It can seem “obvious” that the global urbanization will utilize an ecological footprint or demand on Earth resources that is beyond the capacity of the Earth to provide. But functional global changes have begun to occur almost in opposition to intentional efforts, perhaps amplified by rapid changes in global communication. In a just a few decades, the term “ecology” has become public and popular. Stewart Brand writes, “We know the image of the earth in space set in motion the ecology movement. It was a year later, in 1970, whereas before that there was not really an ecology movement.”[vi] Now, our most rational view of any landscape is a view of the universe at various magnitudes. And this vastly expanded view of time and space is provoking a transformation in how we view human nature.
Historically, as cities became mercantile centers and diversified control of resources from rulers to broader classes, they provoked a renaissance in our view of human nature. For example, the economic autonomy afforded by mercantilism in the Italian Renaissance replaced a sense of fatalism with a sense of free will and self-determination. Now, intense environmental feedback opens awareness of participation in a larger ecological context. Rather than negate self-determination, an ecological perspective continues to encourage self-determination as an expression of wild alertness to the changing conditions of existence. It expands human identity to include the larger landscape as an aspect of self. Landscapes that once seemed apart from us and only neutral stage sets needing to be used to be activated are now understood to be inseparable, and not only active but shaping us, and so are an aspect of our identity.
We have spoke of landscapes as possessions, and we have cultivated a sense of ownership and control that has fostered exploitation. And now in a peopled Earth, we begin to directly experience the danger of this self-centered view as ultimately self-damaging. “Ecology” begins to part the veil to reveal that each of us is on loan and possessed by landscape rather than possessing it. We are finding that we are not authentically distanced by ownership.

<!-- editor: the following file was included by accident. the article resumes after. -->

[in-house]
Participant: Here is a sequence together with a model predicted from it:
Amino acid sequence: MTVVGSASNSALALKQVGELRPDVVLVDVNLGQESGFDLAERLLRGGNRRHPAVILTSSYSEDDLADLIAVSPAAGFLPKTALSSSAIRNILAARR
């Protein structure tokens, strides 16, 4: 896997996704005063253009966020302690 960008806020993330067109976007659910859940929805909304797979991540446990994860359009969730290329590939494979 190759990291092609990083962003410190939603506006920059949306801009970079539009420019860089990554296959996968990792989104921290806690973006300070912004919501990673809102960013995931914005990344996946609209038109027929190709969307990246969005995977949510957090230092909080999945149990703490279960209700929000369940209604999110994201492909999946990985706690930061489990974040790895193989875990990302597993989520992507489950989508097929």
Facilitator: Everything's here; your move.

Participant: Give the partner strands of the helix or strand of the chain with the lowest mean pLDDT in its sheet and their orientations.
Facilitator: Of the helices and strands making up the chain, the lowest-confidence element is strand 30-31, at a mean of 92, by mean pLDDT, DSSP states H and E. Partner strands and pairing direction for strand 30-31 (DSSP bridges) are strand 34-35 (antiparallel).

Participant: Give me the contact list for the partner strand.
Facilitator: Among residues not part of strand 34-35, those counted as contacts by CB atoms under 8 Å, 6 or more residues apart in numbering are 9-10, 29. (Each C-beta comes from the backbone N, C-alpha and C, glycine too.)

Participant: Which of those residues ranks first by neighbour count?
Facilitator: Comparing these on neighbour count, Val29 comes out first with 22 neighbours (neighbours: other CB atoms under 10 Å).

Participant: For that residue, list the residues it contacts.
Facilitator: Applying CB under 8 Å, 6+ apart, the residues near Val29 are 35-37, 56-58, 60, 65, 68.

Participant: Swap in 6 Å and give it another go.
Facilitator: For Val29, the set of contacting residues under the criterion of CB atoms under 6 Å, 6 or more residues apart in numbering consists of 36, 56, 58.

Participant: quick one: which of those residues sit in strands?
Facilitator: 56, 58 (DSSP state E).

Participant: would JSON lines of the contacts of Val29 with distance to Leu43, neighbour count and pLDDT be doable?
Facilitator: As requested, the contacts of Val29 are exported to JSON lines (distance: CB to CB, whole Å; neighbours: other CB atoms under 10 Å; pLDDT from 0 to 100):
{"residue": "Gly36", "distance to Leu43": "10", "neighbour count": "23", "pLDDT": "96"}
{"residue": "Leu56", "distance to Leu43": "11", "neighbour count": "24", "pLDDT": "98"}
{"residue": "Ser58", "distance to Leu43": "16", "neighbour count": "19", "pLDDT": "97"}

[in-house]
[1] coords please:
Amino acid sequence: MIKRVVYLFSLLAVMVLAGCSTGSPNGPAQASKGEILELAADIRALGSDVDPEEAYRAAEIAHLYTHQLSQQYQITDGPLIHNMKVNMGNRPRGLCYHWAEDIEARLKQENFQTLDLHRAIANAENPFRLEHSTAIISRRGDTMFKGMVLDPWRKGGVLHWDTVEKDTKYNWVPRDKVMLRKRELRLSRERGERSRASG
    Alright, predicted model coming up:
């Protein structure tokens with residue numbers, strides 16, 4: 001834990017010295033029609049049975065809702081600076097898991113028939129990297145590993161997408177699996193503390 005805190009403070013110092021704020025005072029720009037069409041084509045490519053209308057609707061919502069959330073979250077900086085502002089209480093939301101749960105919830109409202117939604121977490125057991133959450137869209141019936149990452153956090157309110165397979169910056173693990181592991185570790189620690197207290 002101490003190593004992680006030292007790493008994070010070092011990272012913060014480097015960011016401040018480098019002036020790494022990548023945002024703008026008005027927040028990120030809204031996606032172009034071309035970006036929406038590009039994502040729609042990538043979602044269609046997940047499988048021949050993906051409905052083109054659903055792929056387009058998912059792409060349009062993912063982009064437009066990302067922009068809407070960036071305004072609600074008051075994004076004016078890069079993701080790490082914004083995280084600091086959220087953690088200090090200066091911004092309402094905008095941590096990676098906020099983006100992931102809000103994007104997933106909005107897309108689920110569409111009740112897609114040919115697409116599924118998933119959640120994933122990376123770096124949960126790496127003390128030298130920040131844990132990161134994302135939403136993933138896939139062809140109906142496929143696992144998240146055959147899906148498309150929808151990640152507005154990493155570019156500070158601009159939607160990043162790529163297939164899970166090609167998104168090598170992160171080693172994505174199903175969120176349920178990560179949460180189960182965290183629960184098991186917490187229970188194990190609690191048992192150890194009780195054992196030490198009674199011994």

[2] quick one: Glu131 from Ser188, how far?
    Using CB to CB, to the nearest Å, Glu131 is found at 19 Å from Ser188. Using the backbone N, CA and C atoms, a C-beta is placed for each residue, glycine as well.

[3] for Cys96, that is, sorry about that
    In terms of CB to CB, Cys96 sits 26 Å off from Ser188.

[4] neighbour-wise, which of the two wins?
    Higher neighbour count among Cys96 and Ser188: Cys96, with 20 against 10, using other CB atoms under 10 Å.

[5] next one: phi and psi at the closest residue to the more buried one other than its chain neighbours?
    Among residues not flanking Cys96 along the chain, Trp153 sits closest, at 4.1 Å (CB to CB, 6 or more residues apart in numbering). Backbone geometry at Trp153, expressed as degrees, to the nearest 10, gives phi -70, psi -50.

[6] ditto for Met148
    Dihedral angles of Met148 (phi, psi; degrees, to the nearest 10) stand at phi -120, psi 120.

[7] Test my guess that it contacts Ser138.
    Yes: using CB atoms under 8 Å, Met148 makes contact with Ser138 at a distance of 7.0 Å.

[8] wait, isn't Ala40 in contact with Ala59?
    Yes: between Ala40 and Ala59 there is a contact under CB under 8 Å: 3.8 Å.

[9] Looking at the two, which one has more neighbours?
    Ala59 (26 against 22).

In an ecological dream of the city, we do not have to invent a way back to nature. This is one of our remarkable new discoveries. On all fronts, our measures state that we have never stepped outside nature. The “urban wasteland” has never ceased being ecological. And our view of cities is transforming, just as we deserts and mountain ranges from wastelands to dynamic and complex ecosystems. Wilderness is transforming from isolated remnants to the biosphere and cosmos. And James Lovelock suggests that the rural agricultural landscape that we have envisioned as far more ecological than the city due to “stewardship” can be described as a more destructive process than the city has been to date.[vii] Still, seemingly denuding the Earth as Lovelock suggests, our destructive industrial agriculture also function naturally as an expression of species favoring a grassland ecosystem to favor the grasses and to practically sustain a peopled Earth through an anticipated transformation that will gradually reduce the global human population.
To enhance our design efforts, it might be helpful to begin to open the range of our thinking about the city of the future, regardless of whether it might become ecological or not. As designers know well, the built environment—and finally, any environment—is an “attitude container” that is an accretion of either intentional or unintentional, subconscious design. Places look the way that they do for a reason, sometimes for the wrong reasons. Barriers between staff and clientele in fast food restaurants may expedite exchange that is desired, while schools might be hard surfaced for cleaning rather than be designed to optimize learning. And so we can challenge ourselves to step beyond the obvious popular attitudes being conveyed.